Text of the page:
If someone can learn to speak a language or learn how to operate a computer, then they sure as hell can learn how to play an instrument and apply music theory. Saying that you have to be born to be a good musician is plain stupid. That is some archaic bullshit that I unfortunately encountered too as a kid and it set me back at least a good 10 years. Ayrton Senna had a unique talent for driving cars. Would that mean that unless you’re from his bloodline you cannot learn how to drive? Nobody says that. Most of us have a driver’s licence and are pretty good at driving. Can I be the next Senna? Probably not, but I can be pretty good. Maybe I need to practice more or learn using a different strategy, but that doesn’t change the end result. Music is no different. None of the guitar gods we worship were born with the knowledge they have, not even @kiko. They practiced, studied, worked hard and they became good.

The frustrating part is that when you have to do all this learning and practicing as an adult, we seem to get impatient and second guess ourselves. It’s much easier to do it as a kid, when your brain is a sponge and you don’t have work and family. But it is most certainbly doable as an adult too and we have the benefit of @kiko’s knowledge and expertise being made available to us, presented in a time effective format.

Also, not knowing theory well enough yet shouldn’t keep you from playing. I had a question to @kiko about a F#m7b5 vs Am6 chord. Long story short: I didn’t know the theory well enough and misidentified the chord. Did it matter when I played it it the way I did? No. Sounded the same, no matter the name. I understand your need to know, I have it too. That is why I asked. I am a molecular biologist, worked in research for years and I was taught and conditioned to understand what I was doing, not just on a technical level, but theory wise too. That is the way my brain is wired. I feel more at ease when I know what I am doing. But I try to force myself a bit to just go with the flow. If it sounds good, it is good.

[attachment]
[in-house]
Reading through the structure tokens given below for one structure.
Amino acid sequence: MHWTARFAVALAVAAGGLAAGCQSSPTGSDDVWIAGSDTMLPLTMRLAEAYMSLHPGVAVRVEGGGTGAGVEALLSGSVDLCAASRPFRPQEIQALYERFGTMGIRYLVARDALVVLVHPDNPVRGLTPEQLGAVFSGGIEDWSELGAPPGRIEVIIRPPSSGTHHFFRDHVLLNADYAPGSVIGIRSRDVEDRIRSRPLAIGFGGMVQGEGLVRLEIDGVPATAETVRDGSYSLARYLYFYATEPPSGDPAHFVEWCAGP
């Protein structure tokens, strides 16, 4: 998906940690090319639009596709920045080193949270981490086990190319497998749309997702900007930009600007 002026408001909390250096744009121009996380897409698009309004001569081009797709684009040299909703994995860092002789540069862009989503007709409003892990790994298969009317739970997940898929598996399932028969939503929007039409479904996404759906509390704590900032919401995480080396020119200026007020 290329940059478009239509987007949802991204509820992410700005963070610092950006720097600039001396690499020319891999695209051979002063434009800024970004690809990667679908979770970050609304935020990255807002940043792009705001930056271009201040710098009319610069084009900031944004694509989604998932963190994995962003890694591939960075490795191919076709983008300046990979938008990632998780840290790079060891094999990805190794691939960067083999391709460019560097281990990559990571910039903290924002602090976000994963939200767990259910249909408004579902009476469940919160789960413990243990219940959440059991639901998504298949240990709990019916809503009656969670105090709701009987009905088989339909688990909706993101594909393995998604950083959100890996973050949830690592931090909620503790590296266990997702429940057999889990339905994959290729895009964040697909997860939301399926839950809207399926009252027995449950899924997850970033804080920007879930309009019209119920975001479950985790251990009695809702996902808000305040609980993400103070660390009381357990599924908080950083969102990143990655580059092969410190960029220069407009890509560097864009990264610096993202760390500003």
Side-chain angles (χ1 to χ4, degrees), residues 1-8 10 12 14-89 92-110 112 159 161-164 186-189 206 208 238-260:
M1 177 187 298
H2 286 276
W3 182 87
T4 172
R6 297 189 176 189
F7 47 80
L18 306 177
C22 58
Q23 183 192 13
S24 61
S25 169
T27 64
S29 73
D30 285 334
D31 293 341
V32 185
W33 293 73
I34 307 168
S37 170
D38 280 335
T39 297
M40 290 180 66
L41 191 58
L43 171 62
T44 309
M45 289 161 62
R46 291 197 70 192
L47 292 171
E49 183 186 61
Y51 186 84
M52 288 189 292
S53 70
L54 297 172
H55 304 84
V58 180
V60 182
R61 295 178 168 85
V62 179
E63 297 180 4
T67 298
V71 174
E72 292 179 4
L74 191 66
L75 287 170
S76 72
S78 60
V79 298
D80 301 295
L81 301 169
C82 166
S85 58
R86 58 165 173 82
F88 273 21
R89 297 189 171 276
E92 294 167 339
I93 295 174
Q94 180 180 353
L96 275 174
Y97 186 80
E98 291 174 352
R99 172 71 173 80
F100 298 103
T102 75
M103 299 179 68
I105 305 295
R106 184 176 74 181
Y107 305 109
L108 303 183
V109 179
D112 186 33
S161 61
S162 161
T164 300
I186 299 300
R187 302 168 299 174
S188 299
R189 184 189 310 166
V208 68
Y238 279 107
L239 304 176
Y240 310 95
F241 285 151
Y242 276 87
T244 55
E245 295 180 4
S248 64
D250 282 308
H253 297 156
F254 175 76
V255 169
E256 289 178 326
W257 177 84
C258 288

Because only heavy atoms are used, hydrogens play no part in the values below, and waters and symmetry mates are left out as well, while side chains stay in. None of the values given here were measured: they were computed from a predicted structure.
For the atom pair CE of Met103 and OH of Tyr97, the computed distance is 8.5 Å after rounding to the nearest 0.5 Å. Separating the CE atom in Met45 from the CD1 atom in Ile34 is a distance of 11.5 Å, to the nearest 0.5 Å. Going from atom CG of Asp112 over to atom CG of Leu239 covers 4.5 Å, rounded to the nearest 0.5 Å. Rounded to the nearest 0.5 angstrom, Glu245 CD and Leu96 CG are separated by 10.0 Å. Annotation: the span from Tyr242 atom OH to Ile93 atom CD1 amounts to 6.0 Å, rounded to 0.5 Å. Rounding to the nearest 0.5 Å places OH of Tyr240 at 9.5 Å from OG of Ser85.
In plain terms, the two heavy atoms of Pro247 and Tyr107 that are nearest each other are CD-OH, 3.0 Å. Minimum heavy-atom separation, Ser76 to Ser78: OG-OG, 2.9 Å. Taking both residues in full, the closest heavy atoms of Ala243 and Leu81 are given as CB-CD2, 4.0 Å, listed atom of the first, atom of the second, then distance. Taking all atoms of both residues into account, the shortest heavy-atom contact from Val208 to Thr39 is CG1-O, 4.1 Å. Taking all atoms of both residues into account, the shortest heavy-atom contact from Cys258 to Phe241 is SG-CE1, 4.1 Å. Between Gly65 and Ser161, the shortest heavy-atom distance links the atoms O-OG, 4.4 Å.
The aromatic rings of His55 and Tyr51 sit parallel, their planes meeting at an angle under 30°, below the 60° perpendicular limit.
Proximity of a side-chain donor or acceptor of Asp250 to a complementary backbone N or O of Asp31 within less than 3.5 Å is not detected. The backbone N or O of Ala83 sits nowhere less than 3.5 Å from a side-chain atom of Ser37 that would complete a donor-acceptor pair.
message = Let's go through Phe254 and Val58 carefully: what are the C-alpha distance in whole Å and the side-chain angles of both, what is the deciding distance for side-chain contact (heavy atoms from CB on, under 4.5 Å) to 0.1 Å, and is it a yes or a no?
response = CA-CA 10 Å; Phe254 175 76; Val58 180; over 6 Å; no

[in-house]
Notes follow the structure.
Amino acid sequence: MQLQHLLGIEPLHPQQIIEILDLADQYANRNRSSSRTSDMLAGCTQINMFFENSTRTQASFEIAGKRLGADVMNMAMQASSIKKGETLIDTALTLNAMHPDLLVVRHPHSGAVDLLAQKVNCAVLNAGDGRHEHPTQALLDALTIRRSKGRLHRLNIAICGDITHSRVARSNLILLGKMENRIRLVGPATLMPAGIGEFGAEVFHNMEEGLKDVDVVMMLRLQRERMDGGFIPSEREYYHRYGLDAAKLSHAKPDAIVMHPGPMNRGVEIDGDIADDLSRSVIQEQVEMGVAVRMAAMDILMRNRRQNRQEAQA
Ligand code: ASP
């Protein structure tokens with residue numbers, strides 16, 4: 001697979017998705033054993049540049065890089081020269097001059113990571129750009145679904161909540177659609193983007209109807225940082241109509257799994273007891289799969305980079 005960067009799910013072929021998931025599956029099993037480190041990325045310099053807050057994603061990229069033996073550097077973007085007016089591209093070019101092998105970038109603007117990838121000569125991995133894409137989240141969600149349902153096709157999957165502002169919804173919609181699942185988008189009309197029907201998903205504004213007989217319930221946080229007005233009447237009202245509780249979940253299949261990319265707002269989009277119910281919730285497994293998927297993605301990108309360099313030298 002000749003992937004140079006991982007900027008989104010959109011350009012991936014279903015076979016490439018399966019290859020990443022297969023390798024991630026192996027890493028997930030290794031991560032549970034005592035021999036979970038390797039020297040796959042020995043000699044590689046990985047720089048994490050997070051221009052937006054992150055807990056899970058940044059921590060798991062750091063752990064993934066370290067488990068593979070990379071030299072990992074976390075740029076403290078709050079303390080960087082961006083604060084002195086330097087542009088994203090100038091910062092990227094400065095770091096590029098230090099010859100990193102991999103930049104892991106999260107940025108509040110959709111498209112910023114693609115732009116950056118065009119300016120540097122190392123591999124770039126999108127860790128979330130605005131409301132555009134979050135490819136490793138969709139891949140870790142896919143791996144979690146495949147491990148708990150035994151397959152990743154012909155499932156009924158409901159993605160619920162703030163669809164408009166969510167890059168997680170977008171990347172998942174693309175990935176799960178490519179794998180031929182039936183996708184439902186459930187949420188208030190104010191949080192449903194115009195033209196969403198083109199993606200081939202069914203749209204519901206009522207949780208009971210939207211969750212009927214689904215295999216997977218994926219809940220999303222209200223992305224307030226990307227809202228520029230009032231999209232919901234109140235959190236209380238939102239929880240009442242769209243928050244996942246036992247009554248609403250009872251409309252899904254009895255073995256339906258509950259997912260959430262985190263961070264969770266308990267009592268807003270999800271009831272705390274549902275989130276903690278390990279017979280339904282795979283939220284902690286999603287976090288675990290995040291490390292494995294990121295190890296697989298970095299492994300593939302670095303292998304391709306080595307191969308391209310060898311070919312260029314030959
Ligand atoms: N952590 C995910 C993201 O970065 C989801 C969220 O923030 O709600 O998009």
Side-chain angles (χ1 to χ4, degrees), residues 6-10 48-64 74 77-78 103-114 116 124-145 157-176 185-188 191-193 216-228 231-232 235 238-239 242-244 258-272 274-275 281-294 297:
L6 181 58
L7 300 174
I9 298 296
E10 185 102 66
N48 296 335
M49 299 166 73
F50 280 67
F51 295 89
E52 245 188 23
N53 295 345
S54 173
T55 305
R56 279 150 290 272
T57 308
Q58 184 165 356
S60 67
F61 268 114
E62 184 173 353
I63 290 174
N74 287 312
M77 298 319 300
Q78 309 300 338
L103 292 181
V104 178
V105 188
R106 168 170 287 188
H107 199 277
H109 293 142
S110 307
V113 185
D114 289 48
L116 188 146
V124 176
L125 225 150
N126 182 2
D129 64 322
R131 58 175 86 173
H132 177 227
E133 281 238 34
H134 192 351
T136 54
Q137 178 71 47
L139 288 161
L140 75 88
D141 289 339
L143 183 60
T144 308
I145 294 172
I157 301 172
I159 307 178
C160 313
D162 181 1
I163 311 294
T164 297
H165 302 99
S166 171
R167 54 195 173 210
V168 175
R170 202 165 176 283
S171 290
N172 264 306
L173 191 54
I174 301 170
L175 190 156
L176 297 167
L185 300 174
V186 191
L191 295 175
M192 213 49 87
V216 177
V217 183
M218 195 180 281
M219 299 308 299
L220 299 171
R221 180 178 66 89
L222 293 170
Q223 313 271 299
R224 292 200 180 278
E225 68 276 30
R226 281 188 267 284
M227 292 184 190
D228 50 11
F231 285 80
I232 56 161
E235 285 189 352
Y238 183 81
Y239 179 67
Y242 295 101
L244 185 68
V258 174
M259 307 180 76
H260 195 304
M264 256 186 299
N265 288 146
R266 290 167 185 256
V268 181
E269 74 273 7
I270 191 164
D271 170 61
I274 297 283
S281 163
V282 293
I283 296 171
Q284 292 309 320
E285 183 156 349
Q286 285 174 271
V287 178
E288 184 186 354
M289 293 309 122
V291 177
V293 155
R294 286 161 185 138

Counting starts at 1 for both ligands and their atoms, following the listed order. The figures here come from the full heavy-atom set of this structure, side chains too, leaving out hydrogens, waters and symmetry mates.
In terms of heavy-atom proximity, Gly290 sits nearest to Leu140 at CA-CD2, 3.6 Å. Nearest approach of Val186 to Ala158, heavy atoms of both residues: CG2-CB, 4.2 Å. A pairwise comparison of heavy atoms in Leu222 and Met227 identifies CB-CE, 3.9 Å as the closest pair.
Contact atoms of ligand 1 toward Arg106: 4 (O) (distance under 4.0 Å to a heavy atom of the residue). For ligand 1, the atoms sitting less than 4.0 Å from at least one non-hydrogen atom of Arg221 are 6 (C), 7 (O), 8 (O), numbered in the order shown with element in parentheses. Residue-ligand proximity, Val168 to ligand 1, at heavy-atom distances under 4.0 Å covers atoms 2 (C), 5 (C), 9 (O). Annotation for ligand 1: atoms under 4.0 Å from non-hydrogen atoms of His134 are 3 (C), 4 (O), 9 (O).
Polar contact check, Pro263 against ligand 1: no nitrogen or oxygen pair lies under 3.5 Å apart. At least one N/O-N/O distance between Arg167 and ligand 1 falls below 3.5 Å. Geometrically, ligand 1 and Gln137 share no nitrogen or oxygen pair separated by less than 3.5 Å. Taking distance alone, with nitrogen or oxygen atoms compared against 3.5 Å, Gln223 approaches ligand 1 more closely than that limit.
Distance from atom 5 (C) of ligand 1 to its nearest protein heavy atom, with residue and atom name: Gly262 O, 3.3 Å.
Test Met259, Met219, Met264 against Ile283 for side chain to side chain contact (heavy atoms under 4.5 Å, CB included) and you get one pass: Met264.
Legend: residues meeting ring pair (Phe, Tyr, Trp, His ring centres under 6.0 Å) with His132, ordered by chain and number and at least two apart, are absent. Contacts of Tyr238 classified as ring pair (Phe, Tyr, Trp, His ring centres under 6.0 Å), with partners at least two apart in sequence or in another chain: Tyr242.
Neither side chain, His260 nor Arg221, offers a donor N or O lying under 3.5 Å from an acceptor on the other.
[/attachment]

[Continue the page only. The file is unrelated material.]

Now all this sounds great, but like I said I still struggle with it myself. I have bad days, I have bad moods and days when I feel like I’m regressing. But this is the mental change I mentioned in the 7Factor testimonial video: I realized all the things I talked about above, I realized that I had a bad mindset about learning and creating music and unless I change my ways, I strip myself of the chance to become better. When I signed up, I was skeptical. “Yeah, well, I got the money, never had any similar experience like this, so why not do it. But I sure as hell don’t belong here, everybody is better than me and I am hopeless anyways”. Not even a year in and I am uploading videos of myself IMPROVISING (you know, the stuff that only Guthrie Govan and Joe Pass can do, not me, the hopeless amateur… :smiley:) and having Kiko Loureiro, an A-list guitar god commenting on my progress… I am not as good as I want to be, I am not always this positive about learning as I seem to be now, but I am able to objectively gauge my progress: I can barely listen to the first improv video I did, whereas the last one turned out to be pretty decent to my ears. I have a logbook in which I track my practice BPMs: “Jeez, I could barely do this at 100 BPM when I started, now it’s 125, no sweat”. These are the kind of positive reinforcements that made me a “believer” so to say.

Take it one step at a time and it WILL work! :metal: